It is a choice to abdicate responsibility. Many of us choose to deny unpleasant truths and this is an action — not simply a reaction. This is why the outrageous drama of a full contingent of family and friends is often required to help someone confront the facts of their addiction. When we hold an intervention, we don’t present someone with the bio-psychosocial explanations of addictive behaviour. This happens only in the safer place of treatment, when the reality of harmful actions has been accepted. Instead, we talk about what we have endured as the result of someone else’s self harm, and we ask that they care more for themselves and for us.
We are never going to find facing future annihilation comfortable or easy, we are always going to be tempted to lie about the truth of climate change. The explanations for this temptation are well documented.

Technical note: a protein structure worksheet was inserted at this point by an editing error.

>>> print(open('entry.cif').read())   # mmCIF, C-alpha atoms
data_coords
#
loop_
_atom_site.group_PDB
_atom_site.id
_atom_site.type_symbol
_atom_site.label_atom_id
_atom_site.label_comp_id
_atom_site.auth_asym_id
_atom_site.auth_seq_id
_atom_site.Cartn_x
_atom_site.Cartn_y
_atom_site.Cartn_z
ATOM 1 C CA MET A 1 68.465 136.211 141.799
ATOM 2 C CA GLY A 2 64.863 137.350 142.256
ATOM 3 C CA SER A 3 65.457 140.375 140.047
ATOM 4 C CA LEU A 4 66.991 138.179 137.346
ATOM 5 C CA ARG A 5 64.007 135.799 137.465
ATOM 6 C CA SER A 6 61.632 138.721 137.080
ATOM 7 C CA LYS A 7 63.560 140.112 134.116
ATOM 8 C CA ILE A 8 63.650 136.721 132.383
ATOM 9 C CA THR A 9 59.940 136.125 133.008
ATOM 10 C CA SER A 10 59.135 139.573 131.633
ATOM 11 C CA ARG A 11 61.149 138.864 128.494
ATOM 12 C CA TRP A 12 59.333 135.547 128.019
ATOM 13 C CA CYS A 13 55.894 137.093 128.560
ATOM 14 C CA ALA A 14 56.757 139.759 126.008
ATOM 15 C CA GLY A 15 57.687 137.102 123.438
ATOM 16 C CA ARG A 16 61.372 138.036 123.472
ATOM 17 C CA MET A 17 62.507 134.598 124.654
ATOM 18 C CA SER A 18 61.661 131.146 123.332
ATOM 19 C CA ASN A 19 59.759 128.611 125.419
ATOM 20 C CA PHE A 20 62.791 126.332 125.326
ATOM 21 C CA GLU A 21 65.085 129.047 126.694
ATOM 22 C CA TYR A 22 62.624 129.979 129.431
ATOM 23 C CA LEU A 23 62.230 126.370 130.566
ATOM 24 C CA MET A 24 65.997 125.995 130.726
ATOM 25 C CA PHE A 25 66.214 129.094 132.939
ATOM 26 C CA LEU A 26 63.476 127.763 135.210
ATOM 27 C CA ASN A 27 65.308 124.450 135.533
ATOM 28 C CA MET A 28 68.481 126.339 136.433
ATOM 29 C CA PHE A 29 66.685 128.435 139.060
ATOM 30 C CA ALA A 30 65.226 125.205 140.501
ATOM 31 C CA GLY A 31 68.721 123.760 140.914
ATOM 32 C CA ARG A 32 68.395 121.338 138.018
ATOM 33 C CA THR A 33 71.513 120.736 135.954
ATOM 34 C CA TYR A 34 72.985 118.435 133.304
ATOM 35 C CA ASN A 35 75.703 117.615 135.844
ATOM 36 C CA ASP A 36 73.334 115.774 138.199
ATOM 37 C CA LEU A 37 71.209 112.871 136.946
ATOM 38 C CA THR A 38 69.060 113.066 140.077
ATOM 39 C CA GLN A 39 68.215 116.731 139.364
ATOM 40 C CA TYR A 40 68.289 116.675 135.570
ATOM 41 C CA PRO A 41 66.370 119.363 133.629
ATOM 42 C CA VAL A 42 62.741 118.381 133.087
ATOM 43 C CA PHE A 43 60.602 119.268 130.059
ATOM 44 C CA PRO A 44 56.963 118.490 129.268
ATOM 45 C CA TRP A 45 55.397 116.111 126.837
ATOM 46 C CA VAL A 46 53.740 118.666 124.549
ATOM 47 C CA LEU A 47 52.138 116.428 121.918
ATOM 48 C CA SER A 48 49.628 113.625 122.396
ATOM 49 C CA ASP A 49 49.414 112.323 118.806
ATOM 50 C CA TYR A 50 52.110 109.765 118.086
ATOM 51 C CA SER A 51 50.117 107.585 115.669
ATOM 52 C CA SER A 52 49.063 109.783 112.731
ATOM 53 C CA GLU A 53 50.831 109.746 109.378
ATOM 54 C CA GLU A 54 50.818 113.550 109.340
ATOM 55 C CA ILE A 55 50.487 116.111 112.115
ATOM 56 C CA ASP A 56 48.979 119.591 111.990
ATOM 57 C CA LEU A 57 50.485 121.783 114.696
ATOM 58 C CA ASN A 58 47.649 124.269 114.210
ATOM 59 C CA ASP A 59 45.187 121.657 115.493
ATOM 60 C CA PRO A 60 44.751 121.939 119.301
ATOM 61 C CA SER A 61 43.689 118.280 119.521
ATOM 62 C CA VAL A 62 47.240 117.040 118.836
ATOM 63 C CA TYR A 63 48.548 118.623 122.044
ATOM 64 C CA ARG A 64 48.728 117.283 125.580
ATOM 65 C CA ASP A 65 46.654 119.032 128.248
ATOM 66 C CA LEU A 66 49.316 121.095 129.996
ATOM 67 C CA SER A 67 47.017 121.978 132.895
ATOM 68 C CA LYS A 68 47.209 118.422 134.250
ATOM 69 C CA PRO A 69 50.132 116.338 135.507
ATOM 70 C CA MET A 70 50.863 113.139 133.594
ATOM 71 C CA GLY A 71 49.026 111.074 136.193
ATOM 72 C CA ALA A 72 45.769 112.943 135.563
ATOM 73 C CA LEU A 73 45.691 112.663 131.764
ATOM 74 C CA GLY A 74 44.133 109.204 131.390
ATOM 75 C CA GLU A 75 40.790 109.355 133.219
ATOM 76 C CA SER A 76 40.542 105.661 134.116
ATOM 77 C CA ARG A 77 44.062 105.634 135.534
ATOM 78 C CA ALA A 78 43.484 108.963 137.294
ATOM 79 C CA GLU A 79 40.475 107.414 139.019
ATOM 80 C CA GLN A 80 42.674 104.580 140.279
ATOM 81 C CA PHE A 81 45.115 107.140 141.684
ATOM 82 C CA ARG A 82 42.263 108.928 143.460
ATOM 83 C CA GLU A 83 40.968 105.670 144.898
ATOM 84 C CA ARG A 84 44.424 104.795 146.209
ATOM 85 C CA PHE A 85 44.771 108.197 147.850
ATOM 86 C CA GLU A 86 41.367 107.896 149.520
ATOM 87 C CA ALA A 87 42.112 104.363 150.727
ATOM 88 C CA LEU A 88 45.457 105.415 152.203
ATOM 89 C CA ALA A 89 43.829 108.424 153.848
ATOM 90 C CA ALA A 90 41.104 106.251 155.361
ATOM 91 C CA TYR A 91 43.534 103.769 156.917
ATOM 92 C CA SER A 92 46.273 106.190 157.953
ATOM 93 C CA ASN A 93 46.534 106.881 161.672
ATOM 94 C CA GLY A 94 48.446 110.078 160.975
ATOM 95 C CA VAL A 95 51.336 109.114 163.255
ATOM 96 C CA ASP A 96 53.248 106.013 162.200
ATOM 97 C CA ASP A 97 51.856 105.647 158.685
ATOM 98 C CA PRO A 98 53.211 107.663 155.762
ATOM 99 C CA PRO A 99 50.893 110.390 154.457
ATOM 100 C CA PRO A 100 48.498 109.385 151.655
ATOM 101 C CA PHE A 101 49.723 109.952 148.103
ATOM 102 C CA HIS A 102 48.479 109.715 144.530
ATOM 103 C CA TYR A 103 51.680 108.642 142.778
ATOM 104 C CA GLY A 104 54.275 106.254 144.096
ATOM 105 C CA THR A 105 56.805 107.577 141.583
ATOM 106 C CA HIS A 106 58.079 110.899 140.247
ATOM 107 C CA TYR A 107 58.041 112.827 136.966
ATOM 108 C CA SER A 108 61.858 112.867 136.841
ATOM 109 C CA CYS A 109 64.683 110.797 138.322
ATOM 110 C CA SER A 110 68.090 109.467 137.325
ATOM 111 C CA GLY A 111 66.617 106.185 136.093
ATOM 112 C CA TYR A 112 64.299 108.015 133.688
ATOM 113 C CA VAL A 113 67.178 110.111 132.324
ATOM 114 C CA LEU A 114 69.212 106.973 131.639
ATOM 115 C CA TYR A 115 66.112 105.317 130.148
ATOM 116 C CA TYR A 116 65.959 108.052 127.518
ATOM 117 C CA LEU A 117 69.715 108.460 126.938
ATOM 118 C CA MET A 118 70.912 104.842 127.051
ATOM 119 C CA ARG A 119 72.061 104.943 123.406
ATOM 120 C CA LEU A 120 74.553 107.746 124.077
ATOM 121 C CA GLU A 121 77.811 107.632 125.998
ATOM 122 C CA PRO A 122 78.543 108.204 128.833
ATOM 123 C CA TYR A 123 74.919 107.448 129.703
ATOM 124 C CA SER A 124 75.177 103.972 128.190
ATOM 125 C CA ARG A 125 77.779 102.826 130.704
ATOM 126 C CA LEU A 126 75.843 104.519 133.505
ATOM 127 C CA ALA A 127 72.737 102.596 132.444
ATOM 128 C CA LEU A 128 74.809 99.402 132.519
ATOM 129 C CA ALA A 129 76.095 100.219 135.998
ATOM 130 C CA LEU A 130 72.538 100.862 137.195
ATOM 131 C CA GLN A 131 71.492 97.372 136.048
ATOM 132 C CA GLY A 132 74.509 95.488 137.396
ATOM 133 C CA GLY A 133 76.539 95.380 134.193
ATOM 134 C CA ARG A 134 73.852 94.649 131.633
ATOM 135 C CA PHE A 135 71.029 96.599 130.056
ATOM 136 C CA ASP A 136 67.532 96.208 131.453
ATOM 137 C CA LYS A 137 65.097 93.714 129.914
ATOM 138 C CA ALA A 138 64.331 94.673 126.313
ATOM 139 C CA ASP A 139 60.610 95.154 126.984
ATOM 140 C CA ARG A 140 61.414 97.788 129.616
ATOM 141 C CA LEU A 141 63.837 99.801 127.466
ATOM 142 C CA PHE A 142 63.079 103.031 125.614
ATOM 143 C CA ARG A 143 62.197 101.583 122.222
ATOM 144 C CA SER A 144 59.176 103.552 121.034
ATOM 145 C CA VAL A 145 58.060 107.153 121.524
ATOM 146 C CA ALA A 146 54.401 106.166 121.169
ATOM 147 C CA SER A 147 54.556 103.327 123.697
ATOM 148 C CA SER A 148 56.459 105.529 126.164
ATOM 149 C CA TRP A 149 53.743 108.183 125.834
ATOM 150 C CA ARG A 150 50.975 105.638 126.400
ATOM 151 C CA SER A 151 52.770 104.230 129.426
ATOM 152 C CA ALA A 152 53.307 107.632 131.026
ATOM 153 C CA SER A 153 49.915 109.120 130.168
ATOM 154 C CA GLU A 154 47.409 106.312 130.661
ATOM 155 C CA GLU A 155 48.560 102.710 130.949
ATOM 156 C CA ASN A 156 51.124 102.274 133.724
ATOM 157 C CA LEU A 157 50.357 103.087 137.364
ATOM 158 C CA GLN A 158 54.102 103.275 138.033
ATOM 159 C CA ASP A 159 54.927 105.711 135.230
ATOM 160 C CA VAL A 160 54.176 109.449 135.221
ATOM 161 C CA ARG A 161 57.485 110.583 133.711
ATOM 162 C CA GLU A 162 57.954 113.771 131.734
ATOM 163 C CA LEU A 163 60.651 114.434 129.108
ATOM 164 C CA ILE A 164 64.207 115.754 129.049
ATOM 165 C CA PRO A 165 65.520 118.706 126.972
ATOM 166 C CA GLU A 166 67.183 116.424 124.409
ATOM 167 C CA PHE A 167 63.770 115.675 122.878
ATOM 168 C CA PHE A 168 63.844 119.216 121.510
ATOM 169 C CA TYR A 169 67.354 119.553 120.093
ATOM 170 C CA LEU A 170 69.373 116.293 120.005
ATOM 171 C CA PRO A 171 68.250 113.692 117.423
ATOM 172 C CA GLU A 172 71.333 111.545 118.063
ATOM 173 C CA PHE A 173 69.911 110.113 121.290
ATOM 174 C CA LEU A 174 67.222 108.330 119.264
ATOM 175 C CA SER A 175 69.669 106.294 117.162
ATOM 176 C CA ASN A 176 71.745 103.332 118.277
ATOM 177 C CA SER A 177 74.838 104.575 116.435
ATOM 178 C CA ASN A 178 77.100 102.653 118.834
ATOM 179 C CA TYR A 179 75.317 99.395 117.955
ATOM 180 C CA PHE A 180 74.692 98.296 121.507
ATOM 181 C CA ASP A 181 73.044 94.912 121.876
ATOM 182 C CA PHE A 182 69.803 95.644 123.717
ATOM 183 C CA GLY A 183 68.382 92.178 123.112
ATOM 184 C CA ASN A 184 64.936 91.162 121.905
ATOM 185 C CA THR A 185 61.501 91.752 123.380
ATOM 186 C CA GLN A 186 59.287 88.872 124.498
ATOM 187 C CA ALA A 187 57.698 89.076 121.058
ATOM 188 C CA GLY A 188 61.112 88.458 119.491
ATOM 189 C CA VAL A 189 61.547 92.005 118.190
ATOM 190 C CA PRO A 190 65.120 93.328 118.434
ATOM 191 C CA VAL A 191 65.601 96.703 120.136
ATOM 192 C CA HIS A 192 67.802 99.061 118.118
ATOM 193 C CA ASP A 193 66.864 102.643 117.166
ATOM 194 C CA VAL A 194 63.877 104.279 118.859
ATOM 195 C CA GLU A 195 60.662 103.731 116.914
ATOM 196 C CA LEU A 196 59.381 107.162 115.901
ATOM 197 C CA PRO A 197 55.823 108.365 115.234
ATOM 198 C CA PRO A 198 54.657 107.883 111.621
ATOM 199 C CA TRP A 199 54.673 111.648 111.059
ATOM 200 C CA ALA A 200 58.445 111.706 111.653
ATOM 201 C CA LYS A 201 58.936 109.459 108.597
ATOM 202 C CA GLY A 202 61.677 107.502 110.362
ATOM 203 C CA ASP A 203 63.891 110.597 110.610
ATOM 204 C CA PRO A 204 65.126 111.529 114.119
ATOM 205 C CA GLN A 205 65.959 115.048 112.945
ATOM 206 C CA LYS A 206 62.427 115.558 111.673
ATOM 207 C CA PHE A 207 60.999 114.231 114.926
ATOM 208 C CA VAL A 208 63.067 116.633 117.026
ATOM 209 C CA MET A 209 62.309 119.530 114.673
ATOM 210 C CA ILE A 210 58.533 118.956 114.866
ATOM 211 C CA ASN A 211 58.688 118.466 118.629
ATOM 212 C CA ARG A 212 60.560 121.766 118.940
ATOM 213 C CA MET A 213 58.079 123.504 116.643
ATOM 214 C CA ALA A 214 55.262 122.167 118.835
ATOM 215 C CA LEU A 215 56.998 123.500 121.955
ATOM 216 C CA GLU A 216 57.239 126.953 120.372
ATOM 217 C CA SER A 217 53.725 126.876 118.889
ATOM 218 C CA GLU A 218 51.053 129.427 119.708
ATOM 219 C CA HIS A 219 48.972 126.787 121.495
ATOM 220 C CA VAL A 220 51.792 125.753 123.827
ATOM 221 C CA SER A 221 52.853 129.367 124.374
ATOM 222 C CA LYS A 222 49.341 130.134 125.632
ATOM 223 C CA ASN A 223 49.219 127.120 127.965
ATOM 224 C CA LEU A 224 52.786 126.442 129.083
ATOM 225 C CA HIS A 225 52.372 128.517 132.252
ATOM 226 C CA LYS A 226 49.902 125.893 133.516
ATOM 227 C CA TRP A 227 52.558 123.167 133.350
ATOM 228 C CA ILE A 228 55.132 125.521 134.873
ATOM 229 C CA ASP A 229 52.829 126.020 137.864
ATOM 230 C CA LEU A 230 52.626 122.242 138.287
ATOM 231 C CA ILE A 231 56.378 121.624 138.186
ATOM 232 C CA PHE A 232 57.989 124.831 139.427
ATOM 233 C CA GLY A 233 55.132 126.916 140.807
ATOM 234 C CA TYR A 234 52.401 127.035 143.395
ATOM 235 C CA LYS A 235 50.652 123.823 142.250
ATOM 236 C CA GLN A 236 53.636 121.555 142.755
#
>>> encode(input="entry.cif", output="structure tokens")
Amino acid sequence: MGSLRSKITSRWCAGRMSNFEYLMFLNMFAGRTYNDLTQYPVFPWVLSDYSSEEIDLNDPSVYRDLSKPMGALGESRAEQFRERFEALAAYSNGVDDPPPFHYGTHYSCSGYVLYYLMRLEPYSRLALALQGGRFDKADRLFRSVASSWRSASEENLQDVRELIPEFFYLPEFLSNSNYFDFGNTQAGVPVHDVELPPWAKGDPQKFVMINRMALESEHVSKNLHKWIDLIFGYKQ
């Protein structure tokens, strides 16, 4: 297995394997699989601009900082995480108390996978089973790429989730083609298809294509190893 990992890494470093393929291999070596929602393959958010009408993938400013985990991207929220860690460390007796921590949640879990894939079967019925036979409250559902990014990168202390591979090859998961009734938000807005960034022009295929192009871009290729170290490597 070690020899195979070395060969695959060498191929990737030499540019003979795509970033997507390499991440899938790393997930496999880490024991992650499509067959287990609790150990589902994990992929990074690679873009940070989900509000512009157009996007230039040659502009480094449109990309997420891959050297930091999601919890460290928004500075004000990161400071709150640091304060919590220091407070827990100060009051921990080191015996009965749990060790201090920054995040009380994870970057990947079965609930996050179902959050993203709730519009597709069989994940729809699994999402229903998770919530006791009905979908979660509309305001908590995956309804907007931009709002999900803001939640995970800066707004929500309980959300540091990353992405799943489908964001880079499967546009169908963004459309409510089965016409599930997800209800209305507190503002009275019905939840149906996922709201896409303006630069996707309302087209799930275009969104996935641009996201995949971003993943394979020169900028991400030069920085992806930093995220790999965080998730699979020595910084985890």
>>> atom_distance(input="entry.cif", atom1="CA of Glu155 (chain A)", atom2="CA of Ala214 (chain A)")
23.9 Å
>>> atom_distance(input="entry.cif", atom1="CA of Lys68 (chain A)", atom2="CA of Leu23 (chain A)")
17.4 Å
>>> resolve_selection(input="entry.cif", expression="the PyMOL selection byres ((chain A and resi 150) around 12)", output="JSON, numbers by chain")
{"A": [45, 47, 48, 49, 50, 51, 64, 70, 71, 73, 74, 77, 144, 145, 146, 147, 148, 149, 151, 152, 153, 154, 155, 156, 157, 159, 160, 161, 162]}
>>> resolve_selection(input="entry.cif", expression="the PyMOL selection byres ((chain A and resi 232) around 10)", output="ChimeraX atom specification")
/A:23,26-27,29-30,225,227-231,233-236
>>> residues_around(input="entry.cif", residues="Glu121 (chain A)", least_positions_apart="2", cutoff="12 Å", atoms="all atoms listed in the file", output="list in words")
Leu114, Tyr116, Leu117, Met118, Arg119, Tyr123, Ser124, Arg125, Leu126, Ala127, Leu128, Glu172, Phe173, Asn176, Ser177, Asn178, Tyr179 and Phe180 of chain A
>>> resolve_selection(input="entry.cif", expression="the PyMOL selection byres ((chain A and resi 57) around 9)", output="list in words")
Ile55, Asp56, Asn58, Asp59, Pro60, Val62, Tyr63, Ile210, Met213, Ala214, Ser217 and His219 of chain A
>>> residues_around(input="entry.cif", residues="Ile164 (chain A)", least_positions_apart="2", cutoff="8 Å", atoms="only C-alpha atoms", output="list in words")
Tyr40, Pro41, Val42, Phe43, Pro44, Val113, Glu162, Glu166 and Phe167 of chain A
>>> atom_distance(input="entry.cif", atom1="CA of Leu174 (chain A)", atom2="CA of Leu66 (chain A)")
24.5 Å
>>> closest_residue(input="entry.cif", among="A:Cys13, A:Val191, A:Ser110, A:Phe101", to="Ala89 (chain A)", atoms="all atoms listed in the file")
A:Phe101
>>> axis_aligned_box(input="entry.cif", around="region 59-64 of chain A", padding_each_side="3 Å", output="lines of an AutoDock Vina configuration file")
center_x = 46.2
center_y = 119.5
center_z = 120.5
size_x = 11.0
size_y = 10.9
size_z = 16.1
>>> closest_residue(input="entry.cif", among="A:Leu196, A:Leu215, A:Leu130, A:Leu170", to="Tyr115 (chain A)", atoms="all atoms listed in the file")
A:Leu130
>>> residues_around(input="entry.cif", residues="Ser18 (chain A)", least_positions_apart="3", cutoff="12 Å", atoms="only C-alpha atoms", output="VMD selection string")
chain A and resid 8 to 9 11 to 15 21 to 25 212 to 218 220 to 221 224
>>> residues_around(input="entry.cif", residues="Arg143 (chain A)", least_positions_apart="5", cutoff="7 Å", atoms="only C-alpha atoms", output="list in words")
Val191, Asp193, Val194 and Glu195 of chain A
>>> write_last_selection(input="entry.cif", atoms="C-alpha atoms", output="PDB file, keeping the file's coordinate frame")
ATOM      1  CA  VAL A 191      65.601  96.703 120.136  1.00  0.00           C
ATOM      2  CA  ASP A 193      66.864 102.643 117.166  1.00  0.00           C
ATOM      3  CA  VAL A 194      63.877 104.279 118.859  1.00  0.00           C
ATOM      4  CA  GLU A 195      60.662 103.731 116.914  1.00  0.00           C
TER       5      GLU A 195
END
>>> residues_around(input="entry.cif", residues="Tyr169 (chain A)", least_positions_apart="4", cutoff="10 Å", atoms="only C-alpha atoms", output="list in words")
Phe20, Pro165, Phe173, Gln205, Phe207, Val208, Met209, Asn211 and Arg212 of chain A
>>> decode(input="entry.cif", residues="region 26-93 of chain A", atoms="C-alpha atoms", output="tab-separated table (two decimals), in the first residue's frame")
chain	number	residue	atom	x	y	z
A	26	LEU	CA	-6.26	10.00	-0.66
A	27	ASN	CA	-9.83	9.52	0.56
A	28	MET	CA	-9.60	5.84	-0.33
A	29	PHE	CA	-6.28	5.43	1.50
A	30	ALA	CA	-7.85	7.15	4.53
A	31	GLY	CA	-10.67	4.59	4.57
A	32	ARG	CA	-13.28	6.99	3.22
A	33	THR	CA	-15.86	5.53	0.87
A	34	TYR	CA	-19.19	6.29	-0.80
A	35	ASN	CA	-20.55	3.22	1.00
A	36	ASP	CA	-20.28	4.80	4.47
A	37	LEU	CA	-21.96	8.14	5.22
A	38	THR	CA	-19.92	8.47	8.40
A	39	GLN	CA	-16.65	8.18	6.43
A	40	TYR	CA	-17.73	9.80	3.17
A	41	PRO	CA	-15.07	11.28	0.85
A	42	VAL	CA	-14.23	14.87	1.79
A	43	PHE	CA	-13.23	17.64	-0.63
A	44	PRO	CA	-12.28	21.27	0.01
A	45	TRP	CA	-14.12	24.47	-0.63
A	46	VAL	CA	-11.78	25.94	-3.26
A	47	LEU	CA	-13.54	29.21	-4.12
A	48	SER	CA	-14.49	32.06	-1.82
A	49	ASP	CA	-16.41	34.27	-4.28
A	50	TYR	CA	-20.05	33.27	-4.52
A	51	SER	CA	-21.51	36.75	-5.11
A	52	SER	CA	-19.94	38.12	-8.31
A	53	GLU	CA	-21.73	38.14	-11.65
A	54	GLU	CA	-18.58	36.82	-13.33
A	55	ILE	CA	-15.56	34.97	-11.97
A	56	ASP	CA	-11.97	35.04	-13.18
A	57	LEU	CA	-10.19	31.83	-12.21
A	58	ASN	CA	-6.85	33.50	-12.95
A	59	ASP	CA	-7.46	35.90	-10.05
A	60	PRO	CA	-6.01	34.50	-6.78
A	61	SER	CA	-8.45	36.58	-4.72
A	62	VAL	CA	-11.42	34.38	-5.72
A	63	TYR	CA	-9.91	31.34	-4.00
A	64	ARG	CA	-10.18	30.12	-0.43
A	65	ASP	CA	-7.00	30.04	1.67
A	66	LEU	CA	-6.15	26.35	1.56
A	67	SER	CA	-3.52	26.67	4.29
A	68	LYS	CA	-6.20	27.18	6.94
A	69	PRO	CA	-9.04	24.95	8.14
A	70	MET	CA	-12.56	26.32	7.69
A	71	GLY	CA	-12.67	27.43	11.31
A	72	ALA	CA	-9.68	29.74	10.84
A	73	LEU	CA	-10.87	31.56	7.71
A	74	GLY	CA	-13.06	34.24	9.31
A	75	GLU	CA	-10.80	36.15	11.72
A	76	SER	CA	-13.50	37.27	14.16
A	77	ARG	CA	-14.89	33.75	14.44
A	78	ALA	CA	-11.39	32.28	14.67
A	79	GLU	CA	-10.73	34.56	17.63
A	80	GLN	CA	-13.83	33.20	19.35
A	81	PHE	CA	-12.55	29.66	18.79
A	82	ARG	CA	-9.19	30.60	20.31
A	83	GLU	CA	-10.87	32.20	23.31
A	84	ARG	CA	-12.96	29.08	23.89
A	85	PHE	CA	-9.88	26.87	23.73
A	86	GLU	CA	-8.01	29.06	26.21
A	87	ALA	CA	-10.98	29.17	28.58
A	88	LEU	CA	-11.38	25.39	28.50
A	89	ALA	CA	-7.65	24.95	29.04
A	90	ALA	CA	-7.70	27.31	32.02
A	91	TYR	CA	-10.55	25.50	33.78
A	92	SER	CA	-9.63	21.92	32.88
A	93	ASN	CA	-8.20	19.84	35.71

But to continue to ask why in the face of inaction is to make excuses for dangerous and catastrophic choices. Why is a question for the safer aftermath of catastrophe. To continue to ask why in the face of current danger is to deny the reality of that danger. A deer does not ask "why me?" in the face of the hunter’s gun. She assesses her tactics from a safer distance.
It is always difficult to manage problems for which there are no easy solutions. Much of the research on so-called climate change denial points to the importance of a focus on taking individual action. "What can I do?" is the question being asked — instead of "why am I doing this?" It is these conclusions about the actions required that have been largely ignored in media discussions about the research contributions of sociology and psychology to the understanding of our environmental destructiveness.